SUPPORTIVE networks (a female might call this a form of friendship) is one thing, and would not involve sublimating your own views to that of the group but would encourage individual exploration of ideas. But this is "dangerous" because it cannot be controlled by the top. But is actually the true definition of grassroots. Grassroots is spontaneous and bottom-up. The way the word Grassroots is used these days is orwellian double-speak. Even the left has top-down forcible attitudes to the "grass".

Re: blogging - mass mind and group think is, as your reader above said - deadly dull to read. Instinctively we all know that. What blogger started blogging to EMULATE the homogeneity of the mass media? No one. We all started because we are sicked by that, and yet how many of us now think such behavior is The Answer? And yet

There is a rush now for forced unity and overcontrol. Essentially a fascist impulse. Fascist impulses work for the right because of the basic synchronicity with militarism and top-down control that draws the righties to the right in the first place.

Applying this mentality to the left because it "works" on the right is, a very male but tragically misguided impulse. The left will be doomed to be the weak brother of the right as long as the left acts in this kind of "me too" following manner.

Blog what you want, when you want, without looking over your shoulder at the other guys. Most of the opther guys are saps who are bewitched by power and will do anything it be near it. They are weak followers, not leaders.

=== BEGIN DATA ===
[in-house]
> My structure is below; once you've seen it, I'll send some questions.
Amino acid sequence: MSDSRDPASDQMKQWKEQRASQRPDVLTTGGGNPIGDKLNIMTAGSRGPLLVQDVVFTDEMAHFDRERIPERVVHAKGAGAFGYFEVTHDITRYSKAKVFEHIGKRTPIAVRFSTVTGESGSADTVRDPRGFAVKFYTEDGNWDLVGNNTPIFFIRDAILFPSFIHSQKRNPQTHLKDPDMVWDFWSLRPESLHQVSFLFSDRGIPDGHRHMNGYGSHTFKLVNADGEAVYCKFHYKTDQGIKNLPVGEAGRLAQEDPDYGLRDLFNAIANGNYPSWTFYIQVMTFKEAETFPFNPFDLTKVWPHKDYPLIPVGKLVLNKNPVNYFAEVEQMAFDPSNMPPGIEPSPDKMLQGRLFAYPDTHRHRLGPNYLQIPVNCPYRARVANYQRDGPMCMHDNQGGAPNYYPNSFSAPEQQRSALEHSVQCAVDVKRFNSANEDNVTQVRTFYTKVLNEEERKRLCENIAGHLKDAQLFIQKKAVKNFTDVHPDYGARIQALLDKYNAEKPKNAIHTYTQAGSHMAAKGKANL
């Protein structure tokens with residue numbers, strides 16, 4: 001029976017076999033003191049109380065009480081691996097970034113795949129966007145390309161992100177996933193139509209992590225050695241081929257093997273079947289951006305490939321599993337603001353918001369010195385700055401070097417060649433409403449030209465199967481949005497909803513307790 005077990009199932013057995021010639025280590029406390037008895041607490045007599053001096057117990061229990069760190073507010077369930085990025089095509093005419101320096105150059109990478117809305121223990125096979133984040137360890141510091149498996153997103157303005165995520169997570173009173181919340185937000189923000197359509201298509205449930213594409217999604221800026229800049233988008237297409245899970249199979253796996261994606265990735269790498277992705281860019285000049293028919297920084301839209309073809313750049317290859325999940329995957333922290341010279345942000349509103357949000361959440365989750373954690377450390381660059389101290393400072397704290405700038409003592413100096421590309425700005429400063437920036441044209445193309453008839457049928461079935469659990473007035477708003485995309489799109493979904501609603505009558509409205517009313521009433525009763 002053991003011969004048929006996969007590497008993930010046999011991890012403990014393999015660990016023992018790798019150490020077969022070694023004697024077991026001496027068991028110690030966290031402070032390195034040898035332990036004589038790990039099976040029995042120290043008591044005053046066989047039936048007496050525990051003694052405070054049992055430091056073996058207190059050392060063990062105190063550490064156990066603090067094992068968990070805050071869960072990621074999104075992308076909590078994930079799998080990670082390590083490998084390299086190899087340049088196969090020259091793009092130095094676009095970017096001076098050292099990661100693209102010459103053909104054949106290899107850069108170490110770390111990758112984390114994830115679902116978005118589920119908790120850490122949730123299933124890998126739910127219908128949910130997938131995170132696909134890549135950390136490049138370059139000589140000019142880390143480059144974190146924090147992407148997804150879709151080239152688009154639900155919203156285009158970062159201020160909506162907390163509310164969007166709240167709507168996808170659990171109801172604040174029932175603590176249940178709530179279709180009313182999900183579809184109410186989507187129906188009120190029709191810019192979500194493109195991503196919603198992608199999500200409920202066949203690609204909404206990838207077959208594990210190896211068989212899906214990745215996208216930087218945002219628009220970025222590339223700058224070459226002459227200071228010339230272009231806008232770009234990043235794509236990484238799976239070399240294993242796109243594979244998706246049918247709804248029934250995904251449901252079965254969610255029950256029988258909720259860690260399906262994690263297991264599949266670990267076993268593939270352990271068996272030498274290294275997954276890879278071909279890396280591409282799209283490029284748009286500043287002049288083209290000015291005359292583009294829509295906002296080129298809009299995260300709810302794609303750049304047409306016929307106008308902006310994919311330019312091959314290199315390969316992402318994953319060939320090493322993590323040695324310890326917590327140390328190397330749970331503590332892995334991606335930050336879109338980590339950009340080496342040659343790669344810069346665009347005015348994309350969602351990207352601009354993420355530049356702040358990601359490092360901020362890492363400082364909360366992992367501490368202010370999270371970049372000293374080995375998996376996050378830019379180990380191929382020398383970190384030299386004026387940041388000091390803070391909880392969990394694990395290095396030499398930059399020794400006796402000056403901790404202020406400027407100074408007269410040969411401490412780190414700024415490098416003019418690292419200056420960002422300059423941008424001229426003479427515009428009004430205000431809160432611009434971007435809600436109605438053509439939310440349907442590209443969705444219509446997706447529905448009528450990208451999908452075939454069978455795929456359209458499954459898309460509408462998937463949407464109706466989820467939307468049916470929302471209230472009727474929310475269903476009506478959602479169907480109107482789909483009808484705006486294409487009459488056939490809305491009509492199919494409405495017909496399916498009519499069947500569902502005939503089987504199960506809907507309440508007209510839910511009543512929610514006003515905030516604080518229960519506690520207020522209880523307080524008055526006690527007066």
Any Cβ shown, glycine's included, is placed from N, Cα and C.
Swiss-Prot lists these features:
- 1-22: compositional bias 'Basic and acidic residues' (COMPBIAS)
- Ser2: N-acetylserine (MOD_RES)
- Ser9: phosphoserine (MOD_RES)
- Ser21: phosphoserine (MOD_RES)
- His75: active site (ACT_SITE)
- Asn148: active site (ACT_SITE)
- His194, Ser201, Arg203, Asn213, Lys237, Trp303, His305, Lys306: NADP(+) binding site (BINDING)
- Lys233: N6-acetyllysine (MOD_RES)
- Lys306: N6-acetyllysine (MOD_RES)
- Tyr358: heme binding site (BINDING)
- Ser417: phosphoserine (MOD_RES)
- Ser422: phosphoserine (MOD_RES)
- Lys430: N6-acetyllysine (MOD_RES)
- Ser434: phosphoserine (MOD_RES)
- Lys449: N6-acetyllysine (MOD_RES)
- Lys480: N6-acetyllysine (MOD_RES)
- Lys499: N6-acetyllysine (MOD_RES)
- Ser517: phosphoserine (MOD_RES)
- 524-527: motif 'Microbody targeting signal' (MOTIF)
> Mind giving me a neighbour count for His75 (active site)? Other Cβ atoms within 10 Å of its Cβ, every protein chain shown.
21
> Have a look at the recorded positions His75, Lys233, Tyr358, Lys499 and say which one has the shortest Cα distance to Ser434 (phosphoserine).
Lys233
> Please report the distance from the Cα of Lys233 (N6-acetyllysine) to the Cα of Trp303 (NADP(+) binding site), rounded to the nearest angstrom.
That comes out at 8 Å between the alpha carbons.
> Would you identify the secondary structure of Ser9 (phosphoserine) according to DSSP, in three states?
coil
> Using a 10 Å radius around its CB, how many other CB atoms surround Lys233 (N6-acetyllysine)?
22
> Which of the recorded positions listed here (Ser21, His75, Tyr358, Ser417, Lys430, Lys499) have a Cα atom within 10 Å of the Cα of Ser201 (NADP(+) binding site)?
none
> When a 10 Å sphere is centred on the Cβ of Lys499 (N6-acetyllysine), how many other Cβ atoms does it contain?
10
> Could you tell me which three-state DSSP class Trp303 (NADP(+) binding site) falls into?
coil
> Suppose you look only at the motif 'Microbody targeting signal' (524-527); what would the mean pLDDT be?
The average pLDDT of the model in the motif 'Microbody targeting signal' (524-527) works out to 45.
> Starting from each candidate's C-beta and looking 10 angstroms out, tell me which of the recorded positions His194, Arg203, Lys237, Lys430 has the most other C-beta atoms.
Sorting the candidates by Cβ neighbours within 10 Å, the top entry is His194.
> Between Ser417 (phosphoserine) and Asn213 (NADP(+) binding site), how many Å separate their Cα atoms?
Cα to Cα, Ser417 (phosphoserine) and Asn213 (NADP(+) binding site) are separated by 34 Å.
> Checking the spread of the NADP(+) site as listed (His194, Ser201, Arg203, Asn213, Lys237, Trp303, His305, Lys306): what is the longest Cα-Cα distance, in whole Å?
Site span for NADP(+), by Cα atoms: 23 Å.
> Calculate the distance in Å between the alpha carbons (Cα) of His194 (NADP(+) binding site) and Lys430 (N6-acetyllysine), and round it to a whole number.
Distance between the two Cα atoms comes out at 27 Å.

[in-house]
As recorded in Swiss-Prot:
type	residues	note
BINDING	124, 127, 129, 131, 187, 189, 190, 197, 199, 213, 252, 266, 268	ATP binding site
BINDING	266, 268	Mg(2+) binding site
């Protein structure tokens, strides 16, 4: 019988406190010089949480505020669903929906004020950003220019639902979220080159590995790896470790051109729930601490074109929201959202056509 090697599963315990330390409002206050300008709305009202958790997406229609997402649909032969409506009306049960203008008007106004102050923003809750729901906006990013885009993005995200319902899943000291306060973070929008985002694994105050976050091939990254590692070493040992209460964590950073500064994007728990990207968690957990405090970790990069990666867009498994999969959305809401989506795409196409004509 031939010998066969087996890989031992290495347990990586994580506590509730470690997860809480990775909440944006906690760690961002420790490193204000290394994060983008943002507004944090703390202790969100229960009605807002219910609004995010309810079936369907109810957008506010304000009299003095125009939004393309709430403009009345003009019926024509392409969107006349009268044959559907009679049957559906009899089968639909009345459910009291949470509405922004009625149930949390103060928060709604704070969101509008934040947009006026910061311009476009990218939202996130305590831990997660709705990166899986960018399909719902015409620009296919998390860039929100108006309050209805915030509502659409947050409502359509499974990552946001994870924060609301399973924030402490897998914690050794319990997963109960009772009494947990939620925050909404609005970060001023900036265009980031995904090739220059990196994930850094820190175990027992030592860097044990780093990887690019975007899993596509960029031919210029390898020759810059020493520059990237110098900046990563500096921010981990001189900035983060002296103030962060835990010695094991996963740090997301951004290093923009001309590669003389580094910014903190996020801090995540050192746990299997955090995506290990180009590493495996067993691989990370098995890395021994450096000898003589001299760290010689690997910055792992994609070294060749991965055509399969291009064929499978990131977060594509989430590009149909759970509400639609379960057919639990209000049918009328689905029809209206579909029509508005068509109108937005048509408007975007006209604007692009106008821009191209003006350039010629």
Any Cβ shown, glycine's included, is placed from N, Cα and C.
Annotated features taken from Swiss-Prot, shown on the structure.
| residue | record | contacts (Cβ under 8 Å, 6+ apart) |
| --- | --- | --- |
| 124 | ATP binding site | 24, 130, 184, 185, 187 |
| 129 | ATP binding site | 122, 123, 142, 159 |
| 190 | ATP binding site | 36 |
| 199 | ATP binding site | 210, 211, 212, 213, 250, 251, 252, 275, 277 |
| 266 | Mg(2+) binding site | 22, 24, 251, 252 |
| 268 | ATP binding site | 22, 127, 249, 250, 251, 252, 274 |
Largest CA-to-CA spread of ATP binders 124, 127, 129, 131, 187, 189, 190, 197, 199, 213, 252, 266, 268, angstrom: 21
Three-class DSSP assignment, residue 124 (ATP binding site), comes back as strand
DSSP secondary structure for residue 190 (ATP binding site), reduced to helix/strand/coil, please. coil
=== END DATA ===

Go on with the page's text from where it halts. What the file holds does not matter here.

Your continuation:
If you don't obey your inner voice and write what is really in your heart, you're better off watching reruns of Gilligan's Island. Because NO one wants to read the kind of crap described above, (pulp generated by weak puppies), except the people who produce it. Besides, the trained professional media can to that sort of thing faster better and longer. The power of blogging came from the renegade qualities, which bloggers themselves are now working very very hard to kill. Actually IMHO - they already killed it. RIP, and all that. There's a real chance that blogging is dead already and some are still poking at the corpse. Therefore , those that remain are only providing "cover" for the bullshit propaganda bloggers. No time to explain that if you don't get it from that brief remark.

Okay, that's all I got. The Skipper is whacking Gilligan on the head and a big typhoon is coming, a monkey is whipping bananas at the Howells, and Ginger is wearing sparkly gown number 56,784... I got to go see what happens next.
Good Luck.

Some day a MAN with a string of credentials, high status and a bank roll will say the kinds of things I just said and people actually hear the guy. The truest thing I have learned about blogging and life is - it doesn't matter WHAT is being said, it only matters WHO is saying it.

Human beings are crazy things, that's for sure.

June 21, 2007  

Post a Comment

<< Home